Exhaust valve line of action 50 and deck 7 are separated by an exhaust valve angle 86, and intake valve line of action 48 and deck 7 are separated by an intake valve angle 88. Exhaust valve angle 86 is measured from deck 7 to exhaust valve line of action 50, valve included angle 22 is measured from exhaust valve line of action 50 to intake valve line of action 48, and intake valve angle 88 is measured from intake valve line of action 48 to deck 7, and exhaust valve angle plus valve included angle plus intake valve angle adds up to 180 degrees. Valve included angle 22 may optionally be tipped off center for providing space for one tool paths 84 free and clear of first camshaft 24 and associated bearings 72 (shown), and/or to provide on axis alignment for another tool path 84 generally on axis with second camshaft axis 54 (shown), and/or for another tool path 84 free and clear of second camshaft 38 and associated bearings 76 (not shown). Preferably exhaust valve angle 86 is greater than intake valve angle 88 thereby providing one tool path 84 free and clear of camshaft 24 and free and clear of bearing 72 associated with camshaft 24, and preferably providing another tool path 84 generally on axis with second camshaft axis 54.

First camshaft axis of rotation 52 and said second camshaft axis of rotation 54 define a first camshaft plane 53. Preferably second intake valve 14 is longer than first intake valve 12, thereby locating first camshaft plane 53 generally parallel with deck 7, thereby providing lower cost machining and assembly, and/or for providing a higher placement of pedestal 44 associated with intake rocker 42 for a more upright and streamlined intake port 16.

Referring now to FIGS. 5 and 6, a single exhaust valve 90 may be used to provide for outflow of exhaust gas or another fluid from the cylinder, instead of the two exhaust valves 18 shown in FIGS. 1 and 2. FIG. 5 shows a shaft mounted exhaust rocker 92 associated with exhaust valve 90, and FIG. 6 shows a roller finger follower exhaust rocker 94 associated with exhaust valve 90. FIG. 6 also shows a shaft mounted intake rocker 96 associated with intake valve 12, intake rocker 96 being mounted on a rocker shaft 97. According to the present invention, spark tube 56 holds rocker shaft 97 in position.

FIG. 7 shows another embodiment of the present invention having a first camshaft 98 located generally below an exhaust rocker 100 and generally below an intake rocker 102, intake rocker 102 being associated with intake valve 12, valve included angle 108 being slightly larger than the preferred embodiment shown in FIG. 1. Intake valve 14 is actuated by a direct attack tappet 104 and a second camshaft 106. Intake valve 14 may alternatively be actuated by a finger follower rocker as shown in FIG. 1, a shaft mounted rocker, or another functional type rocker.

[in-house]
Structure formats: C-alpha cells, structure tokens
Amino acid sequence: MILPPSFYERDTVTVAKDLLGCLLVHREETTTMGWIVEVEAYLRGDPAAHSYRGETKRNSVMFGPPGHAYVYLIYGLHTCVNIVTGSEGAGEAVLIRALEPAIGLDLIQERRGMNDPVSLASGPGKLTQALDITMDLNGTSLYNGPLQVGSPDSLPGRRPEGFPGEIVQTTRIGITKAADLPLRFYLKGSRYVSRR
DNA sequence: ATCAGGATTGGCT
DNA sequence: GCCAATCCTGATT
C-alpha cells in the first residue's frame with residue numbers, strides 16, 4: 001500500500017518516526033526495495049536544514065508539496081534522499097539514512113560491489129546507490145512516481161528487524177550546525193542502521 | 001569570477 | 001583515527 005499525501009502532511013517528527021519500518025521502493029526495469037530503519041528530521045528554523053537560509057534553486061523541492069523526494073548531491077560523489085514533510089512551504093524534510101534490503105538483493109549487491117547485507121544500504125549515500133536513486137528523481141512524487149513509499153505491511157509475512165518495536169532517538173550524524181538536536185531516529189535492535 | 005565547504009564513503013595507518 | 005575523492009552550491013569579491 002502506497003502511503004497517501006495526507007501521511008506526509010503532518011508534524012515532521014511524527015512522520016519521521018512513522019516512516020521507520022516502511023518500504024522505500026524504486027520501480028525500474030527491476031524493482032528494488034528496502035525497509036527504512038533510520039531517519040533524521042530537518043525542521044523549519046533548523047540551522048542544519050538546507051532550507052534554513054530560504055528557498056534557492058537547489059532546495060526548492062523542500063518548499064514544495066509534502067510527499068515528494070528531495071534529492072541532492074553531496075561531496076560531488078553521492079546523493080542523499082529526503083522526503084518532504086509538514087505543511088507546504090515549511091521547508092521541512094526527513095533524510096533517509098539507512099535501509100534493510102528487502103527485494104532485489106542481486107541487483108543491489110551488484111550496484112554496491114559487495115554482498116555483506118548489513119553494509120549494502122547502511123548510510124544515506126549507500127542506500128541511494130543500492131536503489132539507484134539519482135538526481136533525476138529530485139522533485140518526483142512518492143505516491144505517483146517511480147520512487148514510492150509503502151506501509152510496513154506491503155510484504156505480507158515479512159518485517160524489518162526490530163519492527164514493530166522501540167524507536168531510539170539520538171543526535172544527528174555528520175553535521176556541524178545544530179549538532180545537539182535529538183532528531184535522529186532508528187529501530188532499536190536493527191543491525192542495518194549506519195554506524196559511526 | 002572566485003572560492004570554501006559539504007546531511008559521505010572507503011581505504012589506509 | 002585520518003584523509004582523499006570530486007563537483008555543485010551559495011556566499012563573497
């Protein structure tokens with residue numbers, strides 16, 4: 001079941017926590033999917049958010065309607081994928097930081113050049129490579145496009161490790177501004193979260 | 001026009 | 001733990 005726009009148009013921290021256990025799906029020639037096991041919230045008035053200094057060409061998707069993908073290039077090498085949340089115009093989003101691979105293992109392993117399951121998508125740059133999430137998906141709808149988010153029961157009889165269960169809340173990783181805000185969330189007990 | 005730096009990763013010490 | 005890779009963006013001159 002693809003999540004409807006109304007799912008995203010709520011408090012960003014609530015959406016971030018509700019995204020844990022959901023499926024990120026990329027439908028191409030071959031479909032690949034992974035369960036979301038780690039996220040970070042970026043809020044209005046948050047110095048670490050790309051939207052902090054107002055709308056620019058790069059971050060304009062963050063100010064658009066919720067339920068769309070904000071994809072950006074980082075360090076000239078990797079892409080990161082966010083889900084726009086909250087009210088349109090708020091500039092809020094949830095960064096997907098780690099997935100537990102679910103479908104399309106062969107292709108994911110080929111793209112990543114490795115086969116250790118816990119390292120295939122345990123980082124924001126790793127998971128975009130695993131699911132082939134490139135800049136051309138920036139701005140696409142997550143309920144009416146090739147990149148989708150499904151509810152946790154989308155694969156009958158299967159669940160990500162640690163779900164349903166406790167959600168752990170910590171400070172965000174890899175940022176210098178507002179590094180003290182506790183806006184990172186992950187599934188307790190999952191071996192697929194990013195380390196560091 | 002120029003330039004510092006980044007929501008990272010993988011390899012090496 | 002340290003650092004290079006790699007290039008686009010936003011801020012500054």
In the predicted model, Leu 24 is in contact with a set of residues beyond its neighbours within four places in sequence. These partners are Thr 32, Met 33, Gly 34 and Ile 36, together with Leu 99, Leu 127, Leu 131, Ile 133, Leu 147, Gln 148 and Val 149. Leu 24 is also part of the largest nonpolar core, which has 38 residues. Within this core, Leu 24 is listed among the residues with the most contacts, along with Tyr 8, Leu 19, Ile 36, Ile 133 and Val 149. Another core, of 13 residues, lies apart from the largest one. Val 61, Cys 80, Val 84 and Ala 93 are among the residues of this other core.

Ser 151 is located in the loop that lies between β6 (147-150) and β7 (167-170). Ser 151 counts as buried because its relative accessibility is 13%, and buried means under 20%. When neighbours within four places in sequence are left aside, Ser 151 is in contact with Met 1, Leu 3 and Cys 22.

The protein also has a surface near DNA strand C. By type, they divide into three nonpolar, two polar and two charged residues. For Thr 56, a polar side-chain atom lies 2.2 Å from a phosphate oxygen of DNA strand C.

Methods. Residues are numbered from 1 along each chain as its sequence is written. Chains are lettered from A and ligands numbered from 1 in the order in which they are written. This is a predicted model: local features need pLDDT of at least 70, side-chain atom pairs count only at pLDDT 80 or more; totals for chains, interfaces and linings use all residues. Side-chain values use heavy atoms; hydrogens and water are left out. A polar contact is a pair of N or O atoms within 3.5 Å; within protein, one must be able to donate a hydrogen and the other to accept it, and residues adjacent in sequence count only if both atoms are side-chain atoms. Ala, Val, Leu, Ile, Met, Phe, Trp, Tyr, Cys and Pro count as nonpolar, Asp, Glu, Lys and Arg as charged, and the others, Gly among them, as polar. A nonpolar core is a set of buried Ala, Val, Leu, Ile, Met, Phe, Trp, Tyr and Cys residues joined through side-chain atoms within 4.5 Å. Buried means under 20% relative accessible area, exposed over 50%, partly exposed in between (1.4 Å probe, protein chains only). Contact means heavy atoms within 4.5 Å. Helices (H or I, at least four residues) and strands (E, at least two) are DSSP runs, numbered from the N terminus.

FIG. 8 shows another embodiment of the present invention having direct attack tappets 110 associated with exhaust valve 18. Camshaft bearings may optionally be placed between tappets 110. Intake valve 12 is associated with an intake rocker 112. Preferably valve included angle 114 is less than 32 degrees for providing a short span for intake rocker 112. Preferably a single rocker shaft 32 b supports all of the first intake valve rockers 112 for two or more inline cylinders. The single rocker shaft bore can be drilled at low cost, and the single rocker shaft provides low cost assembly and precision alignment of the rockers from one cylinder to the next. The single rocker shaft for multiple cylinders further occupies a small space, as removable caps are not required to secure the rocker shaft from cylinder to cylinder. The small space requirement of the rocker shaft according to the present invention is valuable for freeing up space for other cylinder head parts, such as the valve springs and spark tube, in turn permitting a narrower valve included angle to be employed, and short first intake rockers to be used due to the narrow valve included angle.

Those skilled in the art will appreciate that the invention can be practiced within the spirit and scope of the claims.

Claims (30)

1. A valve control apparatus for a reciprocating piston machine having at least one cylinder, said cylinder being mounted in a cylinder housing, a piston mounted for reciprocating movement in said cylinder, a crankshaft, and a connecting rod connecting said piston to said crankshaft,